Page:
When working with multiple slide objects, you should have a visual cue about where you are placing slide objects. You can get exact coordinates of your slide objects using the positioning options in PowerPoint -- but most of the time, you just need an approximate idea of where your objects are placed -- and this can be easily obtained by using the Rulers option available in PowerPoint. By default, the Rulers may not be visible, but when made visible -- they are located on the top and left parts of the active slide.
Learn about viewing and using Rulers in PowerPoint 2016.
We bring you an exclusive conversation with Kurt Dupont, who discusses his Dynamic WEATHER add-in for PowerPoint. We also look at AKVIS Neon, a new Photoshop plug-in that converts your pictures into glowing lines.
We explore interface options in the new PowerPoint 2016. This week we look at the Slide Area, Task Panes, Slides Pane, Normal View, and then Presenter View. Finally, don't miss the new discussions and templates of this week!
Read Indezine's PowerPoint and Presenting News.
Have you created all your slides -- and now you want to show it in front of an audience? Or you just want to use this slide deck in a webinar, or even see them yourself to understand how they look in full screen view? In that case, the view that plays your presentation in full screen mode is Slide Show view.
Learn about Slide Show view in PowerPoint 2016.
Do you want to give a fresh look to your slides? Do you want them to stand out of the crowd?
Then you should consider adding watercolor elements such as stripes or arrows. These are great to express uniqueness and creativity.
Such an aquarelle painting style is one of the new emerging trends in graphic design. We see such effects also in business presentation design. Maybe it's even the new successor of today's ever-present flat design look? Time alone will tell. Yet, this is definitely a style you should consider if you want to stand out of the crowd.
For a start, here is a slide I made using a watercolor shape.
You can use the watercolor elements in various ways -- to make an entire presentation theme. Or you can use a single watercolor stripe inside your classic formal style. Such single stripes can be an unusual underline of a keyword or a quote, which everybody will notice. Adding such elements works wonders, especially if you have series of text-heavy and monotonous slides. You can make a strong visual break in the form of an atypical transition slide with such watercolor stripes.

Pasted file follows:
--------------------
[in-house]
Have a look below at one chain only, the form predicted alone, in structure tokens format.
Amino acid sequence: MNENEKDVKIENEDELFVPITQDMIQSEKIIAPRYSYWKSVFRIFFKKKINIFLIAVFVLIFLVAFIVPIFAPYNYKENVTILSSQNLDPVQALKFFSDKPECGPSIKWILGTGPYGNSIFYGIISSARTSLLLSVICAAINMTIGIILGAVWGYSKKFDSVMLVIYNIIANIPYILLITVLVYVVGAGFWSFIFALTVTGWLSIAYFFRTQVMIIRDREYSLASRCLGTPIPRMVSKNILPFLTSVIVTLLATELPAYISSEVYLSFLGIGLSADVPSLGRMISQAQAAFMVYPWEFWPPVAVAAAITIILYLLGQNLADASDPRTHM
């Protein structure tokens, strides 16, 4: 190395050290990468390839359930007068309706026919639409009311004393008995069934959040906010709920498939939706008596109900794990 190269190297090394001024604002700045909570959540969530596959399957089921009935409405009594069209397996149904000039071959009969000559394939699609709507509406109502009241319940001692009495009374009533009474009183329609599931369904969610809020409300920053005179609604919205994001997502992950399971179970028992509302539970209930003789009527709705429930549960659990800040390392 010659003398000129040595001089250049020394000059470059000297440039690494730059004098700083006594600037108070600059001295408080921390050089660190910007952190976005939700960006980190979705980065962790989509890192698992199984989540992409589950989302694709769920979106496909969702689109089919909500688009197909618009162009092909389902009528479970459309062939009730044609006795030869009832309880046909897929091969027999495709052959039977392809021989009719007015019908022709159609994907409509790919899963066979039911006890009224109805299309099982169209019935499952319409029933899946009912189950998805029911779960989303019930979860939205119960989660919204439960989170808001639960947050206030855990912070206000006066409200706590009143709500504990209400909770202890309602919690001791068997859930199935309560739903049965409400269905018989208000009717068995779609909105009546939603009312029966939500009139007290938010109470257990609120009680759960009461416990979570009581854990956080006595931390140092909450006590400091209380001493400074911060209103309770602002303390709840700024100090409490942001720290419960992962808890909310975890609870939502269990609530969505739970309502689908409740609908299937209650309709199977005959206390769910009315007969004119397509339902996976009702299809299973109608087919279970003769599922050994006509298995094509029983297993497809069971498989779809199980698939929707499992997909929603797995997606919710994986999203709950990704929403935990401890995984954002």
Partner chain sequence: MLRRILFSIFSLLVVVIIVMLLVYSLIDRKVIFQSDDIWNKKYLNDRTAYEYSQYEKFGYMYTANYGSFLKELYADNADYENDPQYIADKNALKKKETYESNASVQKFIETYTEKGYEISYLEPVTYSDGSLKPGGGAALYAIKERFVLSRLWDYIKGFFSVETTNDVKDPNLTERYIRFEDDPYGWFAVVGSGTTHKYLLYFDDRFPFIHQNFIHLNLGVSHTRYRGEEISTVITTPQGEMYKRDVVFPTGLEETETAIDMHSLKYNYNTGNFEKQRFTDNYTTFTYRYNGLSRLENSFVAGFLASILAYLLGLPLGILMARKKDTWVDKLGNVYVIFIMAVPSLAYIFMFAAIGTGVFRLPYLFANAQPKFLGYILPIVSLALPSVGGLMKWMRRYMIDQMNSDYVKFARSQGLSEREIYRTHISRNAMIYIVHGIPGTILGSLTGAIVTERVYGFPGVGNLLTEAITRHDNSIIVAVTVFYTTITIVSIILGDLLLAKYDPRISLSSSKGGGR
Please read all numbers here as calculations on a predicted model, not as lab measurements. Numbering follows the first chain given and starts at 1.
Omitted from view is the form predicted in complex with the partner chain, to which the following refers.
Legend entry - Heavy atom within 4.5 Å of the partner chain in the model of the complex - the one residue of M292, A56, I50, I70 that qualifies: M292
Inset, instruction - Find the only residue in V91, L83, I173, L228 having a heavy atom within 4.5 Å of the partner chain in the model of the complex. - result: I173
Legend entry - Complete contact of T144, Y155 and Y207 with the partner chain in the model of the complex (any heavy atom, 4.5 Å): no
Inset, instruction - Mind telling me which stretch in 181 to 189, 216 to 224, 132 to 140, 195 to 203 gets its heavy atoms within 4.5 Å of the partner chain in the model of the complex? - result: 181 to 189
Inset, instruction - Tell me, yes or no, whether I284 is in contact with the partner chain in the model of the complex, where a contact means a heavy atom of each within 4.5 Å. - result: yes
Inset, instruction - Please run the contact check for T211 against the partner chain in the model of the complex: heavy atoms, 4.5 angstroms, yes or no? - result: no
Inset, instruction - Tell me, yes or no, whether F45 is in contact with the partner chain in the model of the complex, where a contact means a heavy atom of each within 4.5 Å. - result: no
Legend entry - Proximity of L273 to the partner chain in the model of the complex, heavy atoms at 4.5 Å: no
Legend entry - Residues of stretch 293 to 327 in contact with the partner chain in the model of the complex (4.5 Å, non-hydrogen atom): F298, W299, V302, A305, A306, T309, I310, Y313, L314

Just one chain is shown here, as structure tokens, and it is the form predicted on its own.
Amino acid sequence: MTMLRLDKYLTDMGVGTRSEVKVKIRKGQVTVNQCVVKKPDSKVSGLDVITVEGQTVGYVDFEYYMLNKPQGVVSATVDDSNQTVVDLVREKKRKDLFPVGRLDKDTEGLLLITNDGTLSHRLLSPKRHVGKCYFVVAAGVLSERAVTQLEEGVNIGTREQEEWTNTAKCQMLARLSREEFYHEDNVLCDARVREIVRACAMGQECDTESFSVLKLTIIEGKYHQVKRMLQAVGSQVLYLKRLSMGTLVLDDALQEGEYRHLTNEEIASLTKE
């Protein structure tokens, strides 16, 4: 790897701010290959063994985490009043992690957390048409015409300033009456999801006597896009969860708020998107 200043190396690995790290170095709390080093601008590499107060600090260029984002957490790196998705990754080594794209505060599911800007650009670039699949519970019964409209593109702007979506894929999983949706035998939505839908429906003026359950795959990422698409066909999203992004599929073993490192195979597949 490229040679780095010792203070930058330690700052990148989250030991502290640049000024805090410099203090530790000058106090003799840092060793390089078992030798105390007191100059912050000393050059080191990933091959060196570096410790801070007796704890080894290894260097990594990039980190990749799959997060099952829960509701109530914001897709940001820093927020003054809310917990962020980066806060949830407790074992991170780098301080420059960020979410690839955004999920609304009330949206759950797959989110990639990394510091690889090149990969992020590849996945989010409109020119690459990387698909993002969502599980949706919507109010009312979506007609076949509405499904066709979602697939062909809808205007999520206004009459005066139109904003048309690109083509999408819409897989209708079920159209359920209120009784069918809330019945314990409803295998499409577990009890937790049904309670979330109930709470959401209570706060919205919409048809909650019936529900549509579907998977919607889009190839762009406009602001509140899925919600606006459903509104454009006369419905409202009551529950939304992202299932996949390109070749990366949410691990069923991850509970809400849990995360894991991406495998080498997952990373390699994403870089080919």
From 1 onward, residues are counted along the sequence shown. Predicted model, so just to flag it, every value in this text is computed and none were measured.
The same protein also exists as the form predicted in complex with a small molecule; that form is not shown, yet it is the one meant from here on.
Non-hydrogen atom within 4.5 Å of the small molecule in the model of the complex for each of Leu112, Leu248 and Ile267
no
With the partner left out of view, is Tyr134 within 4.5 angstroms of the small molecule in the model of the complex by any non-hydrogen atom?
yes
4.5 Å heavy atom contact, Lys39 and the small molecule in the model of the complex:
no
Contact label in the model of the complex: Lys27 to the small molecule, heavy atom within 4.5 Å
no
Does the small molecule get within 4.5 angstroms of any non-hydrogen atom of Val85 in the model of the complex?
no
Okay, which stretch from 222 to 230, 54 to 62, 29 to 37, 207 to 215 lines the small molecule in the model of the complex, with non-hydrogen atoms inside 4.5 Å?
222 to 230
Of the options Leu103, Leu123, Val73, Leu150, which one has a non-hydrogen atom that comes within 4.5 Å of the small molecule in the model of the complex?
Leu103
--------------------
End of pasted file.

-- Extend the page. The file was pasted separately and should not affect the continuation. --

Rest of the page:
Watercolor shapes can similarly also replace:
Each slide in your PowerPoint deck can have some notes associated with it -- and these are placed in the Notes Pane area. Do you want to print all these slide notes? Yes, you can -- however very few people realize that you can print these notes in the form of a properly structured Notes Page. This might be among the least used PowerPoint options -- but this certainly is among the most useful ones!
Learn about Notes Master view in PowerPoint 2016.
PowerPoint 2016 continues providing several views that enable you to view and edit your slides. Unarguably, Normal view is the default and most often used view. This view displays one slide at a time in the Slide Area, and is used mainly for editing and creating slides, and shows PowerPoint's typical tri-pane interface that includes the Slides Pane, the Slide Area, and the Notes Pane. If you cannot see the Slides Pane in Normal view, scroll down this page to read a tip that will help you restore that pane.
Learn about Normal view in PowerPoint 2016.
PowerPoint 2016's work area below the Ribbon continues to be tri-paned -- these three panes comprise the Slides Pane, the Slide Area, and the Notes Pane. The Slides Pane is the thin strip on the left side of the PowerPoint 2016 interface that contains thumbnails of all your slides. Within Normal view, the Slide Pane allows you to move slides easily from one position to the other just by dragging and dropping.
Learn about the Slides Pane in PowerPoint 2016.
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